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  • KateH - Monday, December 3, 2018 - link

    bit of an apples-to-oranges comparison. This CPU+GPU combo is in a much lower power (and cost? idk) bracket than the Ryzen APU so of course the APU will have higher performance. The R5 2500U would be a more apt comparison- and i imagine would outperform this i3 due to more cores.
  • HStewart - Monday, December 3, 2018 - link

    I think the main purpose of this NUC is get features of Cannon Lake out developer before they release - primary AVX 512. This is obviously not Intel's final 10nm product - so they are releasing it in a limited product, Ice Lake next year is suppose to be actual product.

    Keep in mind 10nm is just a number - so 10nm from one vendor is not the same as 10nm - just because one company has a lower number is better. I would not doubt Intel is going back to drawing boards on product to make sure of that.
  • sa666666 - Monday, December 3, 2018 - link

    Why do you keep repeating that 10nm is just a number? Is it possibly because the competition is doing better? And if the tables were reversed and Intel had 7nm right now, would you be still saying that it's 'just a number'? The answer to that question determines whether you are an Intel apologist or not, so I suspect we won't get an answer.
  • Meteor2 - Wednesday, December 5, 2018 - link

    Because it’s just a number. In all meaningful metrics, Intel’s 10nm and TSMC’s 7nm are equal. Well, apart from production volumes ;-)
  • KateH - Monday, December 3, 2018 - link

    "Intel Markets Engineering Sample CPU to Public in Effort to Raise Investor Confidence"

    another publicity stunt to allow Intel say they "shipped 10nm in 2017/18" and technically not be lying. allegedly this isn't even the same 10nm process that Intel will be using when they actually launch 10nm CPUs across the product line; after the failures that led to this mediocre i3 Intel is reportedly making significant changes to the process.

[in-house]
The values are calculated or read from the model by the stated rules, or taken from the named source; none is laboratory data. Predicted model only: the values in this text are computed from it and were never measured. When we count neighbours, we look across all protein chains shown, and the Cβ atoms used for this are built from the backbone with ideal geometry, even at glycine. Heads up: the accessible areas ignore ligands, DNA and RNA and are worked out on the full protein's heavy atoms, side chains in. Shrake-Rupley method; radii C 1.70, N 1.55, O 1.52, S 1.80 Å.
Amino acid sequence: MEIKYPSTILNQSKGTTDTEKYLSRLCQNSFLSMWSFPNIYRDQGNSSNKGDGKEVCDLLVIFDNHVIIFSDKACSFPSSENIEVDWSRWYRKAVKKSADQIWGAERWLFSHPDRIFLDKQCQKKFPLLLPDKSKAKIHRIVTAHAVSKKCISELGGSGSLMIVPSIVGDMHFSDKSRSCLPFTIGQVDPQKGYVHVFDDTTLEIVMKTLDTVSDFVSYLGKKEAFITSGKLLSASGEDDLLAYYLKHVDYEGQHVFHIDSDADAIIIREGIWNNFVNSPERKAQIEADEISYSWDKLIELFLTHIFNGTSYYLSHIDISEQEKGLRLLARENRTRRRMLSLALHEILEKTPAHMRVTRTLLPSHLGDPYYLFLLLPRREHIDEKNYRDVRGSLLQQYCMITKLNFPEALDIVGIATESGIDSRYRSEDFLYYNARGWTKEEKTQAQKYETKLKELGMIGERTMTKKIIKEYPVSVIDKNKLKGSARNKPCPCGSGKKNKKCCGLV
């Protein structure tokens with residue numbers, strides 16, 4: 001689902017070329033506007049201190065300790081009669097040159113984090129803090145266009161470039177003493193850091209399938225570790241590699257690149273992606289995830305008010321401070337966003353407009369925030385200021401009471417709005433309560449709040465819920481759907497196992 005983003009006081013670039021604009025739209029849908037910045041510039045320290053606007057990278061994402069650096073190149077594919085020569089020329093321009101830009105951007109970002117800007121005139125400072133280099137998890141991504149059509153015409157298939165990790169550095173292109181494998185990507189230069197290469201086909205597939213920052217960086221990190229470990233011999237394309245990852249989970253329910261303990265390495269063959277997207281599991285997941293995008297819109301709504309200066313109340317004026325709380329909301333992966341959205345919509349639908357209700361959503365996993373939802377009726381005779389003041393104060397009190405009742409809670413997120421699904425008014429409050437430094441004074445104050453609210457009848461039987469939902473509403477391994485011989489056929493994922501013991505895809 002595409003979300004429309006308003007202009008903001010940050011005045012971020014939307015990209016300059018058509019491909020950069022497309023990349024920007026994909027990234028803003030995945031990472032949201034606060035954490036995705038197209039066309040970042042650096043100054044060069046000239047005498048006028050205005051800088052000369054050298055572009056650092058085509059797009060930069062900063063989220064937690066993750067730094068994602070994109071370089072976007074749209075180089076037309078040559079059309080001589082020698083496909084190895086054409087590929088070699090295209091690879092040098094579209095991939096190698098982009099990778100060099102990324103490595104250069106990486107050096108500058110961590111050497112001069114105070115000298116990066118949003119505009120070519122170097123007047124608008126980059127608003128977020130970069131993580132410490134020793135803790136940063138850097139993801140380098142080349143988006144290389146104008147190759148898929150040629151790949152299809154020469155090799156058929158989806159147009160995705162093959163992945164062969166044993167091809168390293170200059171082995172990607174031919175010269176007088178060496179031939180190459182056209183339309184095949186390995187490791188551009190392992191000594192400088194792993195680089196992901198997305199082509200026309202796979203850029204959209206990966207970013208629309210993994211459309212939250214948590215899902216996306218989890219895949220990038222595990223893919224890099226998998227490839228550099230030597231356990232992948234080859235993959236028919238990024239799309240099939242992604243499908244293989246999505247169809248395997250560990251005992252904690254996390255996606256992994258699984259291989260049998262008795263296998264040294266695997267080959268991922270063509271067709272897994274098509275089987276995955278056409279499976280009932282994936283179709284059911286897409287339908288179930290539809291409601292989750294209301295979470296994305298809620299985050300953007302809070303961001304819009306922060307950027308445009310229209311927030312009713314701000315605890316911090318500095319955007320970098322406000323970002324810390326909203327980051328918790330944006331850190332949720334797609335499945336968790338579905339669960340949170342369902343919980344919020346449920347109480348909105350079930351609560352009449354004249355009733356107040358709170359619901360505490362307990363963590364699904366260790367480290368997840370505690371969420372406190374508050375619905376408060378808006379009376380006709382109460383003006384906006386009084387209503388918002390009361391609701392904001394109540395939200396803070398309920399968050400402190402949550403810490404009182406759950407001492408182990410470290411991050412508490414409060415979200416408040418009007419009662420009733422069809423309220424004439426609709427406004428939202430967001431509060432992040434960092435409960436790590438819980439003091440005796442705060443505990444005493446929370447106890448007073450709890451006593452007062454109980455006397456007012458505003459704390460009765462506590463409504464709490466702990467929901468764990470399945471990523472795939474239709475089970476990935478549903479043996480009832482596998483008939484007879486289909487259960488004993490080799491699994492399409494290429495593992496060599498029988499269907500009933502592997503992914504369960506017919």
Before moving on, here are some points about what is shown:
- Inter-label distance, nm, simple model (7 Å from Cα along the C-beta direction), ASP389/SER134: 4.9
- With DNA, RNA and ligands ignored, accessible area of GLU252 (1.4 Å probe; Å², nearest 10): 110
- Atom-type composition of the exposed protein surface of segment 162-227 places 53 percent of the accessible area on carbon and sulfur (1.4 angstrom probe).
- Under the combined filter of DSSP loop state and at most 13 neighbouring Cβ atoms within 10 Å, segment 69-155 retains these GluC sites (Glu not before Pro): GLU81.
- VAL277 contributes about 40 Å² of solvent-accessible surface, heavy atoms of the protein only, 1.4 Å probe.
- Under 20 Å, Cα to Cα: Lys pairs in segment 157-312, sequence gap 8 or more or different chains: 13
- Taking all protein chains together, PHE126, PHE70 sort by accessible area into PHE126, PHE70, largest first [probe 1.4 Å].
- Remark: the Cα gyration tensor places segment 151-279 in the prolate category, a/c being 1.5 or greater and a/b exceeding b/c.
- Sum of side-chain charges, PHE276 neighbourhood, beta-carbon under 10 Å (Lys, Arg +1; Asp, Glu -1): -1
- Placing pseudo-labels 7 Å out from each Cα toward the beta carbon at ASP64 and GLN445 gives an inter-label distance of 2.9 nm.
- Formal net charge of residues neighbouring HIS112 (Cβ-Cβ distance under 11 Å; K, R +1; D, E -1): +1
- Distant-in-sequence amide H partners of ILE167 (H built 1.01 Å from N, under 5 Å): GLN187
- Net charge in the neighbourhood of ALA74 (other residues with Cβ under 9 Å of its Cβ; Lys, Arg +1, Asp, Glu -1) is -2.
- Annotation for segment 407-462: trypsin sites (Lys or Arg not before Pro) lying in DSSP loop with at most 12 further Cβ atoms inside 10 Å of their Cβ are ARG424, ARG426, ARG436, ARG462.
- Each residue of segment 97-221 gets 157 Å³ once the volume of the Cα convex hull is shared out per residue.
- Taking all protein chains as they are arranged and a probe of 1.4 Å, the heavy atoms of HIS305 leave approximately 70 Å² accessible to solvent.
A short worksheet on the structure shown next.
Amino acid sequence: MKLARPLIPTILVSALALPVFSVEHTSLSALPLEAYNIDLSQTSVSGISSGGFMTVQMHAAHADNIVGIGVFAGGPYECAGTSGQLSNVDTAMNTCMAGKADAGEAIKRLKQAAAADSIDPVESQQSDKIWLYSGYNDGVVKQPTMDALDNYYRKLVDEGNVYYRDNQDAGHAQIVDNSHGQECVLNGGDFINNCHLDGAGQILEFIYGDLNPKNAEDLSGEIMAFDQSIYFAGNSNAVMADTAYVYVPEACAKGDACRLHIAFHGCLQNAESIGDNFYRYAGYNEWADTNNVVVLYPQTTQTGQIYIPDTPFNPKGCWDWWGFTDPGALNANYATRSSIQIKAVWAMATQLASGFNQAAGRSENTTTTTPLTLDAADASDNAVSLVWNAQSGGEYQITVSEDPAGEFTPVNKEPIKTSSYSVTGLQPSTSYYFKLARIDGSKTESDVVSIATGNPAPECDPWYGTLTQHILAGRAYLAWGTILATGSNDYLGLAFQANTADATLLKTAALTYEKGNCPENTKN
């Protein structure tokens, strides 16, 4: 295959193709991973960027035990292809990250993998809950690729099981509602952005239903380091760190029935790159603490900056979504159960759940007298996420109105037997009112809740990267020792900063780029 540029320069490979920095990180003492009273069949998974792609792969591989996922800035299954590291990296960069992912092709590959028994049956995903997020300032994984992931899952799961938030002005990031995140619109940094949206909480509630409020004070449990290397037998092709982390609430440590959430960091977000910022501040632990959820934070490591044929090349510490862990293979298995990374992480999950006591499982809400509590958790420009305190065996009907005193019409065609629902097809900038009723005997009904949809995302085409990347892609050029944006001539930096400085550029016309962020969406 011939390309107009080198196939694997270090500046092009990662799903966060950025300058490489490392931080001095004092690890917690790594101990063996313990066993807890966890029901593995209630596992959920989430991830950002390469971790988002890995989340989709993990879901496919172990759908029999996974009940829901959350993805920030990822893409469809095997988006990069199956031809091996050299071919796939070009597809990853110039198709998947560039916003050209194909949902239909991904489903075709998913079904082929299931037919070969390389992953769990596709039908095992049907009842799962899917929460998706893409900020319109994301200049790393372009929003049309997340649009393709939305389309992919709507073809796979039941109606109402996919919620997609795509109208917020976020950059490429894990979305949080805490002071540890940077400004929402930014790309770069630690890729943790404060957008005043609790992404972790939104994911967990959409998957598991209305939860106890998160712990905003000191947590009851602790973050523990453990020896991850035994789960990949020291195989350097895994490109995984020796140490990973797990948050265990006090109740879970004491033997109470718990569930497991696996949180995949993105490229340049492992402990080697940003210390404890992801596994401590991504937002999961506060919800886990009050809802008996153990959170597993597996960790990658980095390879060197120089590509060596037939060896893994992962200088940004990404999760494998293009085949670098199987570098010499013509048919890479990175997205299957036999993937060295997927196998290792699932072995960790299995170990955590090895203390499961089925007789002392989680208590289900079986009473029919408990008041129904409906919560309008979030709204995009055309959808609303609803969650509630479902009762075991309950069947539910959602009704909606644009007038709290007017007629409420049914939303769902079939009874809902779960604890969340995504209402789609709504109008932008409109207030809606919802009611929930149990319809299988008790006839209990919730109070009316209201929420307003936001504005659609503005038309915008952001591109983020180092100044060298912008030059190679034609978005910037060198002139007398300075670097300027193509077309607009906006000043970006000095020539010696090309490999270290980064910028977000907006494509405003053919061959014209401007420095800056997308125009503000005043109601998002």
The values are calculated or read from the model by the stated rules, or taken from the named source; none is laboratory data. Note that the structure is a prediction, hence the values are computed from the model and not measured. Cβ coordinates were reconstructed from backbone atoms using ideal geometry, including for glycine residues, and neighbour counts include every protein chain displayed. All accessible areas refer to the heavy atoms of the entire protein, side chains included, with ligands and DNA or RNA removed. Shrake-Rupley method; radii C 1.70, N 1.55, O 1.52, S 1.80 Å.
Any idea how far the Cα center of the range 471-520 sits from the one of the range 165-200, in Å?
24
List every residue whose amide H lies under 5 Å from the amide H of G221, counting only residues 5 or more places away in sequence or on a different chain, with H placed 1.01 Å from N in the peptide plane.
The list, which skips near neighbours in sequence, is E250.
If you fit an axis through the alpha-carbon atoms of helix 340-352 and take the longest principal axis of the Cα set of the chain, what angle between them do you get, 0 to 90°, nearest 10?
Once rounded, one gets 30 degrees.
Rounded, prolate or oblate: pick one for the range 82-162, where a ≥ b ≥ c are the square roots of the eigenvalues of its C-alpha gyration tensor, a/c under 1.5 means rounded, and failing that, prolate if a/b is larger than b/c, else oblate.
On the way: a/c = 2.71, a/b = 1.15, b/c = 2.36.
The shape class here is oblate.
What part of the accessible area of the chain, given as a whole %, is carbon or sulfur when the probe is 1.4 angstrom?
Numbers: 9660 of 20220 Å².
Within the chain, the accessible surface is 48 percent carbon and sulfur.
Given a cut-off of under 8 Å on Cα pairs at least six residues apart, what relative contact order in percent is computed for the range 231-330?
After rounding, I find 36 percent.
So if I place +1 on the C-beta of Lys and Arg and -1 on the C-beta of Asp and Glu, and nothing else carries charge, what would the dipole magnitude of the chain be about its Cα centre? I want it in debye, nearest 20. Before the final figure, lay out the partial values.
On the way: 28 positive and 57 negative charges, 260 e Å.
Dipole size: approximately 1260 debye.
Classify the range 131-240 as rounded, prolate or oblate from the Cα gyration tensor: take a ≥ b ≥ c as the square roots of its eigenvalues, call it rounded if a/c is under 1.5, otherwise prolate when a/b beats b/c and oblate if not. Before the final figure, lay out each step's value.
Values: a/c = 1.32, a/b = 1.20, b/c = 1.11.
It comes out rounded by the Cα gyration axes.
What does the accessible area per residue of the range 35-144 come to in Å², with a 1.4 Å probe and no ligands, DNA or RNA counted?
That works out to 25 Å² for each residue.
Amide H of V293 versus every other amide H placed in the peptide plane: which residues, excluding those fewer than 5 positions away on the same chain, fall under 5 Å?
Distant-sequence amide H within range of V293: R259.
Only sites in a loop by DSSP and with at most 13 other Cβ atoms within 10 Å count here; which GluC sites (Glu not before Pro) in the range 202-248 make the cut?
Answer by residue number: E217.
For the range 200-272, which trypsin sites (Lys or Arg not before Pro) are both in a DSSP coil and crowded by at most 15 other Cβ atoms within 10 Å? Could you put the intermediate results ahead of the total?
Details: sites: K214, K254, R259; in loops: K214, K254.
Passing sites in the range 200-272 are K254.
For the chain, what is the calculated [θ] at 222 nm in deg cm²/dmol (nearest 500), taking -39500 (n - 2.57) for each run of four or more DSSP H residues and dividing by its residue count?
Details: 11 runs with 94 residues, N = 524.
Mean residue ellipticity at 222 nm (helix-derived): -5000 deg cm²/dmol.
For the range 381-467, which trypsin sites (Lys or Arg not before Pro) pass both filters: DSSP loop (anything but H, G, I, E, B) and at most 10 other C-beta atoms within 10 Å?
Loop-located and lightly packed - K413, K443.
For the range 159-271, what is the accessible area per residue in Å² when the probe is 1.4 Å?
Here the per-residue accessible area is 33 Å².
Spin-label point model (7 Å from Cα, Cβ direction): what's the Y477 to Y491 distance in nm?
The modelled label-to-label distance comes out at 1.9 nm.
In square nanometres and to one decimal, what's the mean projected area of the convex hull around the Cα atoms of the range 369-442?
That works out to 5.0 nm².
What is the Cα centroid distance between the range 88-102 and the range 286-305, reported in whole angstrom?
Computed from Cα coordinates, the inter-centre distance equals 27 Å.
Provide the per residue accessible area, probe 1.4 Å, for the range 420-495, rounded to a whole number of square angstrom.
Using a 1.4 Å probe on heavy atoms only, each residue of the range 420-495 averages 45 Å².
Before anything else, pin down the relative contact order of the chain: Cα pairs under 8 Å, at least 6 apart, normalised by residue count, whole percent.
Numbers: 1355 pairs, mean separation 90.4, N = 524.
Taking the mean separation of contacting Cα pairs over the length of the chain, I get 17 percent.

all that said i would love to see a detailed comparison between this NUC and the Kaby/Coffee-lake versions in the same bracket. an apples-apples comparison of performance, power, heat, and die/package size may be illuminating
  • Meteor2 - Wednesday, December 5, 2018 - link

    Indeed as the last row of the “generations” table in the article shows, Intel is in a mess. It doesn’t have a new microarchitecture forthcoming, and it doesn’t know what, if any, <14nm process node it’s going to end up with in a year or two. Contrast with AMD and ARM...
  • sorten - Monday, December 3, 2018 - link

    My money is with (and waiting for) AMD's Zen2 for this generation. Intel has delayed 10nm for too long.
  • octoviaa - Monday, December 3, 2018 - link

    The first table titled 'Intel Crimson Canyon NUC PCs' didn't play well with reader mode in safari.
    The content of the table is practically unreadable as the text and background have the same colour: white. Surprisingly the second table: 'Intel's Core Architecture Cadence' is fine.
    I found this problem is common with Anandtech website, not sure if it is a bug in Safari under osx Mojave.
  • nicolaim - Monday, December 3, 2018 - link

    Lack of USB-C is disappointing.
  • UkeNeverSeme - Monday, December 3, 2018 - link

    All this proves is that 10nm yields are terrible. The only part they can produce is a 2C low performance part, indicative of massive problems with yield.